Migration provides important insights into sea turtle thermoregulation. Almost every species of sea turtle swims to northern waters, where the ocean is significantly colder than in central America. Green turtles, loggerheads, Kemp’s ridleys, leatherbacks, and one hawksbill have been documented off the coast of New York (Morreale et al, 1992). The leatherback has also been documented off the coast of Canada (Spotila and Standora, 1985) and is the only extant reptile, terrestrial or aquatic, to have been found in Arctic regions (Lutz, 1984).


Green turtle, photo courtesy of Rafe Boulon

In colder waters, a sea turtle cannot function if their body temperatures match those of its surroundings. One of two things could happen; it could succumb to the cold, which is seen in hypothermic stunning, discussed in the next section, or it could maintain an elevated body temperature. Sea turtles regularly migrate to waters colder than their lower critical temperature, proving that they must have endothermic traits in order to withstand such conditions.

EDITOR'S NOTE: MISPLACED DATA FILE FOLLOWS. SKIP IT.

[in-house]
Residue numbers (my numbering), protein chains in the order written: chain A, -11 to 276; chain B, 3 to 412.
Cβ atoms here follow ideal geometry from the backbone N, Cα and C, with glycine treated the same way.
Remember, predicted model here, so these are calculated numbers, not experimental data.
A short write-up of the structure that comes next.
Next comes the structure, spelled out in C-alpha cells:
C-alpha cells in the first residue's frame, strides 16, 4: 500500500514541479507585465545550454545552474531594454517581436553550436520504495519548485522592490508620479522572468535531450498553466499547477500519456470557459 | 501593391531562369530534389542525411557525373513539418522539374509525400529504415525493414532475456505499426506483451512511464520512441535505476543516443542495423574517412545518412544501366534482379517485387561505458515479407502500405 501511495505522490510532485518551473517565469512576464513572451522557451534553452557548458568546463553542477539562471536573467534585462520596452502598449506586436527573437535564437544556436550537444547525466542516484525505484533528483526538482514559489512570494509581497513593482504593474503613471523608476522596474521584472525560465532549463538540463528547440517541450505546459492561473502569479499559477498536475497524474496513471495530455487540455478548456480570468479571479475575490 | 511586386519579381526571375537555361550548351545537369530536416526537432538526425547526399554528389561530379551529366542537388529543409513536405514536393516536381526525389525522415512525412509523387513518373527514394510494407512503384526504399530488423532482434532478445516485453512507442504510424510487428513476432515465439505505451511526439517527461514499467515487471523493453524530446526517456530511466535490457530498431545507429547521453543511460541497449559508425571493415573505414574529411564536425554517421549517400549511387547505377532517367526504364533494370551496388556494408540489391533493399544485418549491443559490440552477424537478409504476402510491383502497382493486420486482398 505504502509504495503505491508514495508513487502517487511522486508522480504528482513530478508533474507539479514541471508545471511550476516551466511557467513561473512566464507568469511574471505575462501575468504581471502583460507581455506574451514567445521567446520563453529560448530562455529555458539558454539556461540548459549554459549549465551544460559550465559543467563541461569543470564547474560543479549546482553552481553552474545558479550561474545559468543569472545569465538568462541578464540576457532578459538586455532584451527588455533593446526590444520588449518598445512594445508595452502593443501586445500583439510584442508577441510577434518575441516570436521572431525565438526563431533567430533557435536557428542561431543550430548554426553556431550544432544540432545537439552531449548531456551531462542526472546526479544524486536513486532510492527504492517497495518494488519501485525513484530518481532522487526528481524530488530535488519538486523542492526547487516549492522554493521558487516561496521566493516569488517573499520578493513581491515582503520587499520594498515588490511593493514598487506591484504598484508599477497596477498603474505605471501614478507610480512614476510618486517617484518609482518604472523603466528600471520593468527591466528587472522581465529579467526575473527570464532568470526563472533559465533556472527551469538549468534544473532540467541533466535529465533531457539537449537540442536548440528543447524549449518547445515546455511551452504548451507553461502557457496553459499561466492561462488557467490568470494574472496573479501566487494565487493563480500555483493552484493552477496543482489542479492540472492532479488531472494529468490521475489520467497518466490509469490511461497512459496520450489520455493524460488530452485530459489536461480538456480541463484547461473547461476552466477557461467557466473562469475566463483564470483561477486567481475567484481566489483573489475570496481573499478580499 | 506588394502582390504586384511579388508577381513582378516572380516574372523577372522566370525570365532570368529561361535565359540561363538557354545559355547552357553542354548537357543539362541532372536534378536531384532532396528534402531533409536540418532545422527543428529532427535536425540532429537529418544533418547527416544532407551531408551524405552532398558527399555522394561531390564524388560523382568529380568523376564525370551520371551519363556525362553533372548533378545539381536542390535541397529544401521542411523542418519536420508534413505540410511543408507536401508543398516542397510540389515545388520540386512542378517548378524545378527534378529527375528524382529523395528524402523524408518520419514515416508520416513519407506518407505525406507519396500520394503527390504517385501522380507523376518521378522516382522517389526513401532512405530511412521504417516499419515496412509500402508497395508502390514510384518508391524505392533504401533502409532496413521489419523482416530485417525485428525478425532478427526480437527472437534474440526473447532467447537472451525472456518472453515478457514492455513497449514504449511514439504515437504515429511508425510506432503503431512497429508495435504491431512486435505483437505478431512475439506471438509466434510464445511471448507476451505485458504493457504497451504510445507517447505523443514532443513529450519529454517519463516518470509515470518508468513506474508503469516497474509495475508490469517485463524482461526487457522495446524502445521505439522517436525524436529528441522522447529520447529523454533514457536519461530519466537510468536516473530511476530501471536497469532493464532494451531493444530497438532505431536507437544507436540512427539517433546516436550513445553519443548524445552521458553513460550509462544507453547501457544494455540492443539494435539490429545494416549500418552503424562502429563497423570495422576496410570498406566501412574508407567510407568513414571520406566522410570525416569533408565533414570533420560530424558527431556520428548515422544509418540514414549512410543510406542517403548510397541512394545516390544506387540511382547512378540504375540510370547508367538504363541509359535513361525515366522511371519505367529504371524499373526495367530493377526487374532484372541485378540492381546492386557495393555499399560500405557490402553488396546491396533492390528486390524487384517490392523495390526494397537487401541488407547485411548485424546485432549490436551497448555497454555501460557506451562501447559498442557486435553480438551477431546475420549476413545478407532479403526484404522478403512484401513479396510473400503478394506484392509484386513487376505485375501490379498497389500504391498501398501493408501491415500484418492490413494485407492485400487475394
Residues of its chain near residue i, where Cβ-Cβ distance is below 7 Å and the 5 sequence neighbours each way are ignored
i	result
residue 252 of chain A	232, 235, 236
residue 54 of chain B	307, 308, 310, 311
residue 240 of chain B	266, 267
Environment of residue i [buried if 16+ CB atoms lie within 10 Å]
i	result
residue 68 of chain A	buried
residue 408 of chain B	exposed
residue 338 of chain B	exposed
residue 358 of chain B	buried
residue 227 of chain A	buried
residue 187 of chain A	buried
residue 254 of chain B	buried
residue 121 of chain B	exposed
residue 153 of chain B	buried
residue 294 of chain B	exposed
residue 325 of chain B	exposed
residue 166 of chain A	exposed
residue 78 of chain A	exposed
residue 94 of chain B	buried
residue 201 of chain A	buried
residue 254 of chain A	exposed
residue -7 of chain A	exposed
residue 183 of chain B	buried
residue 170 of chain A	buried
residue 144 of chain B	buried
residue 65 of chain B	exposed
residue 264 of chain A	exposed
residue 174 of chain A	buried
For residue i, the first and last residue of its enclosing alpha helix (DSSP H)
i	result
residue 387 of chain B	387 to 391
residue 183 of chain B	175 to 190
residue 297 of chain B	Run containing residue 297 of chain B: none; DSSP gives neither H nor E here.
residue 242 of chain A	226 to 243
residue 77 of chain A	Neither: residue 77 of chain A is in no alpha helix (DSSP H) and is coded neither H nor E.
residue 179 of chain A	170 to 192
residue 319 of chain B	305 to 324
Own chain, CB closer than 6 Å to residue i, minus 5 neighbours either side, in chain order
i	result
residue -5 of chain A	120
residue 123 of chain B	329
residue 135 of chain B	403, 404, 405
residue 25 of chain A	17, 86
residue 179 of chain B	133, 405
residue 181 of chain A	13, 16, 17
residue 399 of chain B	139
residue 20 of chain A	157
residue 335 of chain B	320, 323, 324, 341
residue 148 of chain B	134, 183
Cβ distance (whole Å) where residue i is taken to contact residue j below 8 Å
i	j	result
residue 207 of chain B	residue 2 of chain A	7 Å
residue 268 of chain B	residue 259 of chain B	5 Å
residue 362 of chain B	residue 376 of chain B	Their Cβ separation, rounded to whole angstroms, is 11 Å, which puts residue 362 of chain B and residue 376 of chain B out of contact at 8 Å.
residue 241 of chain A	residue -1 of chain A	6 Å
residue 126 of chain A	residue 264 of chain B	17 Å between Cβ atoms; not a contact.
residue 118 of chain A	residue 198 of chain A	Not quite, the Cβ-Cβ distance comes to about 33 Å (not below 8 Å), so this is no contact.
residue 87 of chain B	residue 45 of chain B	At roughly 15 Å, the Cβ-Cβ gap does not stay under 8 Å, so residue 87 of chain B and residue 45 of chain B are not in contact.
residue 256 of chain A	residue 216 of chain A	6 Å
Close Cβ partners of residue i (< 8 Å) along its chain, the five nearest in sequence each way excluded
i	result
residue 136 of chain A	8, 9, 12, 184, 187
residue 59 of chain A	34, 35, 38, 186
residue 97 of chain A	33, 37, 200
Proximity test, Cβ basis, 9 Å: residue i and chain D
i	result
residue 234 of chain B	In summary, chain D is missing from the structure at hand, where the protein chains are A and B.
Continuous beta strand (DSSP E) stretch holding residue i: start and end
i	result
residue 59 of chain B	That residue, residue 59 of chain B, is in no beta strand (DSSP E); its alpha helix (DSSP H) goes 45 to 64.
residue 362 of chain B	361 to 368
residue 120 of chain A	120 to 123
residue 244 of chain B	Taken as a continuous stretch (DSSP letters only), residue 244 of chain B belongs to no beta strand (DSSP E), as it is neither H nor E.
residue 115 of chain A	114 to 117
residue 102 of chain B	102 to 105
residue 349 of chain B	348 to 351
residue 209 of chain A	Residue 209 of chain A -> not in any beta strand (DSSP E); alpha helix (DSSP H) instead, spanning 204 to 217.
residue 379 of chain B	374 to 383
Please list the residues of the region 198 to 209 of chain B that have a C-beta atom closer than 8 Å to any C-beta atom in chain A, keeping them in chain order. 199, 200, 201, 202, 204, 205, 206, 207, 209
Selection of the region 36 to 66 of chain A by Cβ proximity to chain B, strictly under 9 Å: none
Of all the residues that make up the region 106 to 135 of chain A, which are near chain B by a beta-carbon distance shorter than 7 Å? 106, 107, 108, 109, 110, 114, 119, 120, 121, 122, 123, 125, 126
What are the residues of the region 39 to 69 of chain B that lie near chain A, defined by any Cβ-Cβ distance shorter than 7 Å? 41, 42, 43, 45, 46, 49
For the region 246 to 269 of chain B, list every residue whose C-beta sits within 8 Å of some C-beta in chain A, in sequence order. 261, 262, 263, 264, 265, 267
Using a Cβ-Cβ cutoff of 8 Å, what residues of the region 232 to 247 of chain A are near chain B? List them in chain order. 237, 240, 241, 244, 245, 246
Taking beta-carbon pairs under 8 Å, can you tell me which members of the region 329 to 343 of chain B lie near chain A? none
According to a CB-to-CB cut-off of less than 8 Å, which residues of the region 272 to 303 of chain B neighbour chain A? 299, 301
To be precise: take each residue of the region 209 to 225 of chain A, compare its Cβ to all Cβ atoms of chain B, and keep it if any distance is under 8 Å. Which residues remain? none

Next: Hypothermic Stunning



This web site was completed by Katie Fitzpatrick in partial fulfillment of the requirements for Dr. Michael Dorcas's Biology 312, Animal Physiology, at Davidson College in Fall Semester 2005.

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Please direct all comments and questions to Katie Fitzpatrick at kafitzpatrick@davidson.edu